“Classic food, done well—it doesn’t get better than this,” David says. He’s a sucker for English tradition but the first to admit he didn’t realize how special it all was until he left. Later, as he stokes the fire, he says, “When I was growing up, I was bored of all these old places. I only wanted to see new things. But now I appreciate their history. Can you think of a single pub back home that still has a wood-burning fireplace?”
I laugh. “Nope. Although sometimes you see the yule log playing on TV.”
It’s a 40-minute drive north from The Peacock to Castleton, through the market town of Bakewell and past the twisted spire of Chesterfield (built with lead tiles and unseasoned wood, it warped into a swiveled end). Castleton gets its name from the ruins of Peveril Castle, set on a commanding outcrop overlooking the village, but what really defines it is the Peak Cavern, known locally by its nickname: “The Devil’s Arse.” The approach is dramatic, especially during the holidays, when colored spotlights illuminate the limestone overhang and cave mouth.
“It’s like walking into Mordor,” David notes. But inside it’s far from ominous, what with the 100 or so people gathered at the cavern entrance in Christmas jumpers and Santa hats. A greeter takes our tickets and hands us each a cup of mulled wine and a mince pie.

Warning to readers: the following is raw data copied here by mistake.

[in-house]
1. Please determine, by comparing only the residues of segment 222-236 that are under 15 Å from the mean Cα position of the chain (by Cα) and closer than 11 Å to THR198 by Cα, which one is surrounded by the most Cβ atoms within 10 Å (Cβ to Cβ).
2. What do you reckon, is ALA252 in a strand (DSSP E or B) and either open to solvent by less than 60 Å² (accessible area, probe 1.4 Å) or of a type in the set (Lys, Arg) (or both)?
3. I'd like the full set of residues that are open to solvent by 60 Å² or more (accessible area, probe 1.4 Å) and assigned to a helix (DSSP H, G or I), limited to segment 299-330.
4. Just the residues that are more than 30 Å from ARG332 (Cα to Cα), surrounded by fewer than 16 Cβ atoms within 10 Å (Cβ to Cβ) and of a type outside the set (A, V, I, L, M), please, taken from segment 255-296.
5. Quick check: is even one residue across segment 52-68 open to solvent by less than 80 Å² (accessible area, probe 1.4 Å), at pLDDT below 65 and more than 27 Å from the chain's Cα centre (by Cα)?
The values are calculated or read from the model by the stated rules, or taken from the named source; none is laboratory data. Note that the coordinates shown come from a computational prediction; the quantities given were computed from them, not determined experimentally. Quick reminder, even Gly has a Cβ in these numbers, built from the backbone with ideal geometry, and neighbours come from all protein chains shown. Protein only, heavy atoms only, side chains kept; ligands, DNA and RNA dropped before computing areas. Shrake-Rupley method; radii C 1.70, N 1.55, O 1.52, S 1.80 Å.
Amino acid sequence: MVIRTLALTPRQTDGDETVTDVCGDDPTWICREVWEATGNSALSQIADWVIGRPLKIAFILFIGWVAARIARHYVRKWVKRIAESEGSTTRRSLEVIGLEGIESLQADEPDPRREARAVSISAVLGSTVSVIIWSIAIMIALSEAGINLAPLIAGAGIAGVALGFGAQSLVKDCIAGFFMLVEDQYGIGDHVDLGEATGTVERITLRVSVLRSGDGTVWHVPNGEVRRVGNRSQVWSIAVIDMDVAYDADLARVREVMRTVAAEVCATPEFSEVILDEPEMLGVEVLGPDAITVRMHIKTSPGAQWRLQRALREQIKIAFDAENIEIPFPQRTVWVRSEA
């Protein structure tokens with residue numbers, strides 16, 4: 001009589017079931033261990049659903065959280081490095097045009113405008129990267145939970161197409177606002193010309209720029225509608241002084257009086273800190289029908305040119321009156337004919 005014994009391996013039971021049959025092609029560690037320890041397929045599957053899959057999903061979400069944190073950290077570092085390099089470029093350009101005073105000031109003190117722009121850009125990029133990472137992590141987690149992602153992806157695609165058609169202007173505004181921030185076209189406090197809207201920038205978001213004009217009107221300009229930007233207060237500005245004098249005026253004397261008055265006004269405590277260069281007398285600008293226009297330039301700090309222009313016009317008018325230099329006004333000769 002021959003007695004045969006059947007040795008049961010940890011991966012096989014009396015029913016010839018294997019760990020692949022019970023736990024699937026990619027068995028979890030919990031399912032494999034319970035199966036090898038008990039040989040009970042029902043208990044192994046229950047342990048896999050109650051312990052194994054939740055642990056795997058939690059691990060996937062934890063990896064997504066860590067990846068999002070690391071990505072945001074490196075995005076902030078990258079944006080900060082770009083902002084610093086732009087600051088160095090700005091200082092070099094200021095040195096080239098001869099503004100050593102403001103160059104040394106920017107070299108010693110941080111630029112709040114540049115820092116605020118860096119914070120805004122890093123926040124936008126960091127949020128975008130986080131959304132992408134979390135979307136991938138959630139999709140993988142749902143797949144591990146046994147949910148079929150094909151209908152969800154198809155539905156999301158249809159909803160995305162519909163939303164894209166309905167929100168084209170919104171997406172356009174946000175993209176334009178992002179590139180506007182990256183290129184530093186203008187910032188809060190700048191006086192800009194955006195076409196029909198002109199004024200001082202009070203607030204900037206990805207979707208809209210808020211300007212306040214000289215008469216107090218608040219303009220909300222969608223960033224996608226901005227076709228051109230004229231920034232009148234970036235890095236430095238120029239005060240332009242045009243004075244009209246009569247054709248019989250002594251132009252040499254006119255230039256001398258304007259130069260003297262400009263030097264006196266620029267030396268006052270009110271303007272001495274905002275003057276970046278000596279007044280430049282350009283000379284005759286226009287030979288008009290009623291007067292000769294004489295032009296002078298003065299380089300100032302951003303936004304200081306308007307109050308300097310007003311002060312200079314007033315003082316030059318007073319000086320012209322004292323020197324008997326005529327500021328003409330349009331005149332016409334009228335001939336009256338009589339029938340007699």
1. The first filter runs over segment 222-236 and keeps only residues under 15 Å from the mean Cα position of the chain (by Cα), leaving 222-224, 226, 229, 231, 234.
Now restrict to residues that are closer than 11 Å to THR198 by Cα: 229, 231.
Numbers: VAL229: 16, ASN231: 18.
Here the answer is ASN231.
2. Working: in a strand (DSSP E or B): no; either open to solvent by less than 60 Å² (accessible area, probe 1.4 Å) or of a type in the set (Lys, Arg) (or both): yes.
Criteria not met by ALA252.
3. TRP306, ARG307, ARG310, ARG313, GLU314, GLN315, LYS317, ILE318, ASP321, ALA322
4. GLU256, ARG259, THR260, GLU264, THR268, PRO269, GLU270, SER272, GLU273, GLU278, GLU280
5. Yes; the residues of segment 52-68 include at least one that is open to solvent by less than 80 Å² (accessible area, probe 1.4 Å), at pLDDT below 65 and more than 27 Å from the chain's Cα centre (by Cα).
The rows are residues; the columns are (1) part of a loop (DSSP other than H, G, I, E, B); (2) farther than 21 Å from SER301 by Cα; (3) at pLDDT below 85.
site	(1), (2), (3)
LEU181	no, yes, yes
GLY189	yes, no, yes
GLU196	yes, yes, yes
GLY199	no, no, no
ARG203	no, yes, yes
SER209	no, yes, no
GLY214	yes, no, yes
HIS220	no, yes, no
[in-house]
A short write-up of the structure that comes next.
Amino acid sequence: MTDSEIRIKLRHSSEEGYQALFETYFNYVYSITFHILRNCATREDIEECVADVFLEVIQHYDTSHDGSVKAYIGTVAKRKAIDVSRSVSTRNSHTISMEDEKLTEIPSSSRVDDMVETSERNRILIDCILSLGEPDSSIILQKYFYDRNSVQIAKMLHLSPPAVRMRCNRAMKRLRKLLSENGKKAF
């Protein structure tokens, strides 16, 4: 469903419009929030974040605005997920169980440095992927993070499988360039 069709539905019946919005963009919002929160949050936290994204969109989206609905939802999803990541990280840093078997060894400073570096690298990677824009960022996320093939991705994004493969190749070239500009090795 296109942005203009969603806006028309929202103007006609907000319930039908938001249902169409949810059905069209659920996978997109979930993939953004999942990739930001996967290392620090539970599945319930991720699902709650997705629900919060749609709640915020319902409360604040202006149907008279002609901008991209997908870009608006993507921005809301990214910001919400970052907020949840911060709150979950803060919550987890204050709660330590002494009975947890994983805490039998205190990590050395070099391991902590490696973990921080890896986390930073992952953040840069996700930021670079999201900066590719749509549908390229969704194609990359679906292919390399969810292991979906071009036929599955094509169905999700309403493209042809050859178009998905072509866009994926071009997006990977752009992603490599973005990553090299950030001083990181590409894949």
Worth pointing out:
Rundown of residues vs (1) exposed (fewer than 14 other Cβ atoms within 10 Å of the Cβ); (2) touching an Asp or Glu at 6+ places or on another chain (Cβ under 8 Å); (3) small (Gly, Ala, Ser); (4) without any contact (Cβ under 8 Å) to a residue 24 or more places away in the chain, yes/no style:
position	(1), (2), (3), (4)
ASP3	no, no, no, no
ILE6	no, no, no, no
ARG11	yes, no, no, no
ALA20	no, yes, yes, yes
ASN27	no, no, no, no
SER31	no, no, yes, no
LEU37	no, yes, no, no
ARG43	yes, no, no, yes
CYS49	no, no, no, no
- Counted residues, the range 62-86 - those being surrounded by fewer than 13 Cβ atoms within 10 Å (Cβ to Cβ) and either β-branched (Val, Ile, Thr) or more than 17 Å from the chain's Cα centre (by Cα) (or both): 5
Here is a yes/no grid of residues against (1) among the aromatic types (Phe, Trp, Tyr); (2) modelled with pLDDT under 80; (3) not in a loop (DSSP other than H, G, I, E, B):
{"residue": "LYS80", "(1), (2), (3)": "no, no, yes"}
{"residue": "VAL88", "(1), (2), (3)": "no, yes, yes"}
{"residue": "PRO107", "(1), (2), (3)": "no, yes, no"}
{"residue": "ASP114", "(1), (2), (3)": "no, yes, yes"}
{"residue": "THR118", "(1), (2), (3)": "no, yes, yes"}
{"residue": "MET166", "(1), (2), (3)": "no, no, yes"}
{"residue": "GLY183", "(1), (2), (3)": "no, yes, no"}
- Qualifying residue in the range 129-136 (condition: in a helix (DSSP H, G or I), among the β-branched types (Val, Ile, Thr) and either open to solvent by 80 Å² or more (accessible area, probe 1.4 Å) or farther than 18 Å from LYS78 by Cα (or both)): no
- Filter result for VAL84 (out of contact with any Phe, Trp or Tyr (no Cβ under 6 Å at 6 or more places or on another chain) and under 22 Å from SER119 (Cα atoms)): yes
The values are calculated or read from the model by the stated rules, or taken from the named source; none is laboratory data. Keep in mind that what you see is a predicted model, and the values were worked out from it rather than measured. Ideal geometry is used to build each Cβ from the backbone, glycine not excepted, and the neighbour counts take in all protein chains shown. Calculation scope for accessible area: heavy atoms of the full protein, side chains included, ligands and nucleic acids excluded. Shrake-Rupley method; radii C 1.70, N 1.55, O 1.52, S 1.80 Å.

We’re here to participate in the annual Carols in the Cavern, a first for us and for David’s parents and sister, who we spot waving from seats at the northern edge of the cave-turned-auditorium. As we join them, a (real) brass band launches into a spirited rendition of Jingle Bells. Soon, the whole crowd is singing along from printed songbooks. The joy in the voices is also real—and it’s infectious.
Back home, the closest I come to caroling is watching my mother pour herself an eggnog, crank Bing Crosby on the stereo, and belt out an off-key “Winter Wonderland.” I always wave her away—but I do it with a smile. Now, singing with David’s family in the cavern, I think that perhaps next year my folks could join us in the U.K. English Christmas would be even Christmassy-er if we were all together.
Outside, as if in response to that thought, the snow starts falling again.